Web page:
How to plan a Tea menu
How to plan a Tea menu
Designed by Ellen Easton
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TEA TRAVELS(TM)...TEA TIME - ANY TIME
The evolution of ceremony and social etiquette has not been without purpose, for without rules and regulations there would be no order. The rituals of ceremony and etiquette are not meant to be intimidating, overwhelming, nor pretentious. Quite the opposite. When one understands the rules, there are no misunderstandings, no insults, no one is left out, nor made to feel uncomfortable. When we are made to feel welcomed and appreciated, whether it is in the home, workplace, or a social setting, one will strive to achieve ones full potential and a good time will be had by all-and with good results.
I can think of no other arena throughout the ages that has been more empowering to women than the world of tea. Women, through tea, have influenced changes to fashion, politics, commerce, religion, trade and human rights.
Throughout past centuries, the pursuit of tea has been universal. From the early Chinese in 2737 B.C., to the early American settlers of New Amsterdam in the mid-1600s, to the present day, tea has been a welcome sign of hospitality. One would be pleased to discover the commonality we share with our international neighbors through our mutual love for the rituals that tea has to offer.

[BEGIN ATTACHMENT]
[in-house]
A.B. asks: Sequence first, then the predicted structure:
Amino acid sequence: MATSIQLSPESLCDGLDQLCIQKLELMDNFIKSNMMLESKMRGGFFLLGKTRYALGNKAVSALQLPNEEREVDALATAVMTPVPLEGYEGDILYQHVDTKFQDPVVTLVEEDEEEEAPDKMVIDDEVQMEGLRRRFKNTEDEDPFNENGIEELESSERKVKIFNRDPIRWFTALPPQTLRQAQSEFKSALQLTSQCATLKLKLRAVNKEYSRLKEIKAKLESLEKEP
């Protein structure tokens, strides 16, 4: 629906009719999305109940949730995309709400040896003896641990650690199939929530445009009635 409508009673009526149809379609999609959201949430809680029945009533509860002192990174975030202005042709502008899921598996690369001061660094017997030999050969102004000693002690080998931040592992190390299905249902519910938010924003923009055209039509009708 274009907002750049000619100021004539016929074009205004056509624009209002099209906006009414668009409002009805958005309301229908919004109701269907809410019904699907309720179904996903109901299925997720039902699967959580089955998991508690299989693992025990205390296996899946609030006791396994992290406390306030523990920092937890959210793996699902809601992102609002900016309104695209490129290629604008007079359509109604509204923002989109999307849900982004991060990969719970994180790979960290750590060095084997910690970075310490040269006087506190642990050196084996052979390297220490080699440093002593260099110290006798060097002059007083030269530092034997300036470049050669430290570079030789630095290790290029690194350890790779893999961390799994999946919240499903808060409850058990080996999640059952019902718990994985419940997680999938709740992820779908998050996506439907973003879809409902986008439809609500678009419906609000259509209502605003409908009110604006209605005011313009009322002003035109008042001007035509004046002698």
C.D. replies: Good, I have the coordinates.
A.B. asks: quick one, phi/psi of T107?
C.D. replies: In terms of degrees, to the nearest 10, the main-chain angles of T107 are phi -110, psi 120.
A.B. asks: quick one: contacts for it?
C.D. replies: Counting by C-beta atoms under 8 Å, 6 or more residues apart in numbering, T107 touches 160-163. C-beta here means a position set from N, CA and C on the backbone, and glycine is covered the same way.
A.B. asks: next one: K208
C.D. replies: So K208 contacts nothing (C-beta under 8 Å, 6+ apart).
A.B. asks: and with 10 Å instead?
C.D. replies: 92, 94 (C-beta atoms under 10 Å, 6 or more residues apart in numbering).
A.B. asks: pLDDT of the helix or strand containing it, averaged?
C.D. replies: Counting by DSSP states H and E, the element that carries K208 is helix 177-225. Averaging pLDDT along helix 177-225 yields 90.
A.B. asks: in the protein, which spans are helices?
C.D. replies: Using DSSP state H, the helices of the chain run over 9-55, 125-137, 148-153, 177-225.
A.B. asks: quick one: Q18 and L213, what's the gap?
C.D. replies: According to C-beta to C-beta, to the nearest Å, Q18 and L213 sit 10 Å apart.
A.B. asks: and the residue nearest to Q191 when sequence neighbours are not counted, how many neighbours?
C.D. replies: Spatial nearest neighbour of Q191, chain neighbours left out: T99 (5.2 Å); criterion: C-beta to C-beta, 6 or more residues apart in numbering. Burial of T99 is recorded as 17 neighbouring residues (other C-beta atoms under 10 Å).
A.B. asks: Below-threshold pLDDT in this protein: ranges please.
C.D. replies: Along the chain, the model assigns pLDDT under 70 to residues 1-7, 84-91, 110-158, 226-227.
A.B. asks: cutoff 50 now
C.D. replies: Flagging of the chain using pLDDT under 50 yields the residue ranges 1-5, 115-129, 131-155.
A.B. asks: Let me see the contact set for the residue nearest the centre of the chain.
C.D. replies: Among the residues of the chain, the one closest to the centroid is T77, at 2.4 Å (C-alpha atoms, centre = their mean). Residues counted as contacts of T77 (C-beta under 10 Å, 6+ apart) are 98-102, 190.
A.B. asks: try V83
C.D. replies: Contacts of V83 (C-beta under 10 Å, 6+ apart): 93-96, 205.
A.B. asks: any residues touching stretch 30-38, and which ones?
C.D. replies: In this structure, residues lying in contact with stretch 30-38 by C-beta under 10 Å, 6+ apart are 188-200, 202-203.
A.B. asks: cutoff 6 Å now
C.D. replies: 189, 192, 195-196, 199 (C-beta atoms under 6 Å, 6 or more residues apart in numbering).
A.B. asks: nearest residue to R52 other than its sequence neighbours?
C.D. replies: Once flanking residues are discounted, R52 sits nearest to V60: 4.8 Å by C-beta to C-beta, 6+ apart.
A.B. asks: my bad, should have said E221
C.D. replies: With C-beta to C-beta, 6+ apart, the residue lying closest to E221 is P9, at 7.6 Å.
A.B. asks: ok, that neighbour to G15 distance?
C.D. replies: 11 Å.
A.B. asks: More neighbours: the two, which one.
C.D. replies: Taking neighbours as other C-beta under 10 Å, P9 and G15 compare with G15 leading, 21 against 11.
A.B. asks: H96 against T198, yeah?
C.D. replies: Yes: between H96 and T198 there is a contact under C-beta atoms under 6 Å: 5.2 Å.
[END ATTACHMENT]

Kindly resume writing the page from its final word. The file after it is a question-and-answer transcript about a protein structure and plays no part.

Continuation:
Afternoon tea may be presented in an informal or formal service, as tea for two, or a dance for five hundred. Whether the settling is in your home, a tearoom, Inn, restaurant or grand hotel, there are no limits as to how one can entertain with this wonderful format. Occasions of all kinds may be celebrated in this manner including weddings, engagements, birthdays, anniversaries, a new home, a new baby, picnics, holidays, office and theme parties. Tea can be as unique as your imagination will allow.
You can create menus of distinction by mixing your own combination of recipes. While following tradition is nice, do not be a tea snob. The occasion is enriched when you create your own customs. No matter what the size or theme of your tea, the important element of any tea party is careful planning. The first step is to decide the occasion and them of the party you intend to give. When sending your invitations (at least six weeks in advance) give a specific time your tea will begin and the type of dress requested. Unlike a cocktail party, if your guests have never attended a tea, they may be unfamiliar with protocol.
To be a great hostess is in itself an art. For as a well-dressed woman must have the taste to select those clothes which best match her personality and style, so must a hostess be able to plan a menu which best reflects her own individuality. Regardless of social or economic position, the word about a great hostess spreads as quickly as stories about the indiscretions of others. Whether it be a small town or a big city, invitations to a home or venue know for its entertaining and good food are eagerly awaited, because good food, a gracious hostess and interesting people go hand in hand.